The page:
'FNL': Is it halftime or the fourth quarter?
Panther fans, a strike-shortened TV season now threatens our beloved "Friday Night Lights."
Not to be too doom-and-gloom here, but the forecast is troubling: Six episodes of "FNL" have now aired. According to the Show Tracker TV grid, NBC expects 15 of the 22 episodes ordered to be completed, which means we might already be flirting with the halfway point of Season 2. Of equal concern, if not more, is this: If the Writers Guild of America strike effectively curtails the 2007-08 TV season, does "FNL," a little-show-that-could, have any chance of renewal for a third go-around? Might we have to say goodbye to Coach Taylor, Coach's wife, Riggins, Saracen, et al without a proper group hug?
Hear me, Panther faithful, for I am worried. As if to tweak our coming nostalgia, the latest episode of the show hit some first-season grace notes. (Although why no game? Can we please have a game!)
Brian "Smash" Williams, largely lost in the shuffle of story lines this season, extended an olive branch to Riggins, hoping to get the Panther fullback reinstated on the team. Riggins, in turn, saved the new kid Santiago from a carnival life chasing greased pigs around Buddy Garrity's car lot by teaching him how to play football. Saracen dissed Julie -- even while wearing that goofy fast-food hat -- hooking up with a new girl, while Street, back from Mexico, celebrated his 19th birthday, a milestone that seemed to coincide with his finally closing the door on his football glory days -- and thus any chance of reclaiming the future as he formally dreamed of it. "You can have it all, but you can't have it all at once," Street said, watching himself on highlights at his party. Whose heart didn't bleed, even a little?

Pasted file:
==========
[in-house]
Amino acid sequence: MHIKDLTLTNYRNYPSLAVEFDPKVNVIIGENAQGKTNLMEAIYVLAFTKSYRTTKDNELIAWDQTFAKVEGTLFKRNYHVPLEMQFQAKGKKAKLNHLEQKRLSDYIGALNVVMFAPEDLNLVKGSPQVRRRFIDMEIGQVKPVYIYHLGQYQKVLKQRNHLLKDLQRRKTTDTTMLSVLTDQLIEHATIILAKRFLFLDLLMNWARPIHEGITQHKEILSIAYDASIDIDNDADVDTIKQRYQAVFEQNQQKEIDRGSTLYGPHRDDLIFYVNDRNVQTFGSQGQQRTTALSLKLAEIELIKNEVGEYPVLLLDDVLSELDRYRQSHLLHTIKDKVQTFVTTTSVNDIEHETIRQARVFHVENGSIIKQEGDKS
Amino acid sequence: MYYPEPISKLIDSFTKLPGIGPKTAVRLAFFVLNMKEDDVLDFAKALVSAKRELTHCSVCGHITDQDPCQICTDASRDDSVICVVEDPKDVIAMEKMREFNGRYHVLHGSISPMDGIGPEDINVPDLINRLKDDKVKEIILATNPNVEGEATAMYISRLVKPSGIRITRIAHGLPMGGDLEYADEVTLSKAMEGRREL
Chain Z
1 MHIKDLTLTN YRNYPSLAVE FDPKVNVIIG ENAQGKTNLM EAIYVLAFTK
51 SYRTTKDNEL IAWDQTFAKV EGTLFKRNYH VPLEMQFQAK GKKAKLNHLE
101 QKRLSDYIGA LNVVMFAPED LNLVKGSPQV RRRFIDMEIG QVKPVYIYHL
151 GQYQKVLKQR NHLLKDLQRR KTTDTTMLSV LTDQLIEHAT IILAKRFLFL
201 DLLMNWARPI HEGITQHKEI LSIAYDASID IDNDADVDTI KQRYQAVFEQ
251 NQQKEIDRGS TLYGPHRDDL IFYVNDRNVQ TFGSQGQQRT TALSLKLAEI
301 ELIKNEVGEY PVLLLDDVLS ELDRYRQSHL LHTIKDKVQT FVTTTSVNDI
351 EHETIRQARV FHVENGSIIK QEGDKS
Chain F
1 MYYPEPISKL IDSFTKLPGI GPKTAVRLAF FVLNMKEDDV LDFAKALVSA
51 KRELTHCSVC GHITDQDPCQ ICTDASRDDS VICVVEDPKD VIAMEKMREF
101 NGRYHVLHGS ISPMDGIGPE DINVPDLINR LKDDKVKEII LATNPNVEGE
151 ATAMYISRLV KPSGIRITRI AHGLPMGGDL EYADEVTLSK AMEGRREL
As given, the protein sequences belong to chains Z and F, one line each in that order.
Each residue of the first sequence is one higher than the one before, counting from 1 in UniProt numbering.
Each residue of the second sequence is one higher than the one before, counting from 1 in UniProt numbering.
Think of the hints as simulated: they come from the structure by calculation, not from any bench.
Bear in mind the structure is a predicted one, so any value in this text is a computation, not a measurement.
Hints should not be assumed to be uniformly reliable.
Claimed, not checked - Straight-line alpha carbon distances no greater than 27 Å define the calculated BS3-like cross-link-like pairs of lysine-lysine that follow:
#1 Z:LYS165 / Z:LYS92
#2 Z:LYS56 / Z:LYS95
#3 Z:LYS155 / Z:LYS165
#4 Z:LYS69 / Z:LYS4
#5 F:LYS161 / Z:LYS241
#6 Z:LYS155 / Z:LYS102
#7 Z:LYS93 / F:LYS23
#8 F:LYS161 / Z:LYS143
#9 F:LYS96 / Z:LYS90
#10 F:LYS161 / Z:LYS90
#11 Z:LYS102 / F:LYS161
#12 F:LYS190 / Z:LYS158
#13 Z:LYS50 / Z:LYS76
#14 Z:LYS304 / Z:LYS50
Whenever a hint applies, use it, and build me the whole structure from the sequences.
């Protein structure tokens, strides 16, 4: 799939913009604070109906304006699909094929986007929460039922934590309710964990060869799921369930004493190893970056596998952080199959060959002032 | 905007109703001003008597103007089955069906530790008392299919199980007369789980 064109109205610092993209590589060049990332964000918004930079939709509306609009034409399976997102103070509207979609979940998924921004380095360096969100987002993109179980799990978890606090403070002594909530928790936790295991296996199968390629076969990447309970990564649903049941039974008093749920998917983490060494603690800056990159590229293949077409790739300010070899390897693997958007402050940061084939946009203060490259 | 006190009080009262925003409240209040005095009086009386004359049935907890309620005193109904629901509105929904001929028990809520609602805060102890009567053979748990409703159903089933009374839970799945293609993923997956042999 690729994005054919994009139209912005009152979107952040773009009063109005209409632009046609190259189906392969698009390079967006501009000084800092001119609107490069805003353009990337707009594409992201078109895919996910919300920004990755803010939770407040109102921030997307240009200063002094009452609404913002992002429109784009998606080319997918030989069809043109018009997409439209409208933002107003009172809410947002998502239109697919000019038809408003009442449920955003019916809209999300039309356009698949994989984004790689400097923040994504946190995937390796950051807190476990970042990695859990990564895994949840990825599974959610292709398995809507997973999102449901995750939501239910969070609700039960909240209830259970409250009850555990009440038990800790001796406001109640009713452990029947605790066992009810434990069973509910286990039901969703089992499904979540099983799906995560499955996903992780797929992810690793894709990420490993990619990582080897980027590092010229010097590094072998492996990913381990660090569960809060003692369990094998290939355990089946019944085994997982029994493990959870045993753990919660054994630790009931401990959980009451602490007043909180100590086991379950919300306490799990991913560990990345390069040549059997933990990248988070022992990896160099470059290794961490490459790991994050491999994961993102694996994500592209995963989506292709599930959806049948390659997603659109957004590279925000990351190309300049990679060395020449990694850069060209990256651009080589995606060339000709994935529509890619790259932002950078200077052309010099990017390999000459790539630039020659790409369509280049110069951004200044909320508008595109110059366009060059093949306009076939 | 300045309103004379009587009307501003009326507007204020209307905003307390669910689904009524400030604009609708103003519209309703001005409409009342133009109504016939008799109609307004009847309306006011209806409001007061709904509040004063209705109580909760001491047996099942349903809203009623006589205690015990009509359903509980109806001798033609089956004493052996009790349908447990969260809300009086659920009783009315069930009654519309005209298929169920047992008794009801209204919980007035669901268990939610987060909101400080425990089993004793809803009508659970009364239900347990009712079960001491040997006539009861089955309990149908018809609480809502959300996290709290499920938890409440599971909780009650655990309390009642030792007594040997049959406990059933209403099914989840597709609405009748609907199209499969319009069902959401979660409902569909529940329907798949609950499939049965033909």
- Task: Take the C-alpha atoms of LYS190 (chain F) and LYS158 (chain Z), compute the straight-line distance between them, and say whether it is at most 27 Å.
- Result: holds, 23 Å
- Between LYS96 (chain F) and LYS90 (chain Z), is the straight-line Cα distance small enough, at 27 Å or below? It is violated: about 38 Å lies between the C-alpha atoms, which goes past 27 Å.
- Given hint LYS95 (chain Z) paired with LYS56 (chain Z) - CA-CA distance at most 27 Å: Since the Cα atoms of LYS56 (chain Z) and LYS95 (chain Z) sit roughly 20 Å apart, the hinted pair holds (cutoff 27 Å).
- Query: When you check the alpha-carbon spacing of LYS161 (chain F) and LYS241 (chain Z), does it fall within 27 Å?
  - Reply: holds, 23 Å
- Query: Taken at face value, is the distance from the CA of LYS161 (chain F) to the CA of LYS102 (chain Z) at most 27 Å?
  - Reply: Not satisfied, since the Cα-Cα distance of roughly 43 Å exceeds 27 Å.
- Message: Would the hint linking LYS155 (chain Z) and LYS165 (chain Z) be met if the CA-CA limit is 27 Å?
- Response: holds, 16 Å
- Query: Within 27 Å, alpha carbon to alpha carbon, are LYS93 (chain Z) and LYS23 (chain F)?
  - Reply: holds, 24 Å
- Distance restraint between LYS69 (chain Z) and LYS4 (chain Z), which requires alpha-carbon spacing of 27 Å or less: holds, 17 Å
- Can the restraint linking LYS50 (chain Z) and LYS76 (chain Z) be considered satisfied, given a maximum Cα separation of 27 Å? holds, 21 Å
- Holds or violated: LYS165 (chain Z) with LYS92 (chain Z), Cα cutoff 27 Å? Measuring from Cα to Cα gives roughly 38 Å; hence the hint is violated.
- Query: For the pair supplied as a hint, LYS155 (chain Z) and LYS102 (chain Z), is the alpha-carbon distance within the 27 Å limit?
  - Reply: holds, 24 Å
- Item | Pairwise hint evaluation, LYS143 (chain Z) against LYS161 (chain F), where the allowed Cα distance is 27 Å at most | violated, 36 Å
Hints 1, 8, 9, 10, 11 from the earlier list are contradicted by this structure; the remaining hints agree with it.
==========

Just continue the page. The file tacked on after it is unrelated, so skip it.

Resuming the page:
OK, and that Landry story line. Now his father's going to be involved in the cover-up too? The dad's been established as so by the books that I didn't, in the flush of the event, exactly buy it.
But that was the old me, the critical me, the one who wasn't wondering whether there truly are only nine episodes left in the life of this show. The new me's as melancholy as that sad, twangy guitar that plays underneath scenes. The new me says, sure, Dad blew up Landry's car to destroy the evidence connecting his boy to a murder -- why not?
For if an abortive end to such a deserving prime-time network drama is really in the cards, who's in the mood to quibble?
-- Paul Brownfield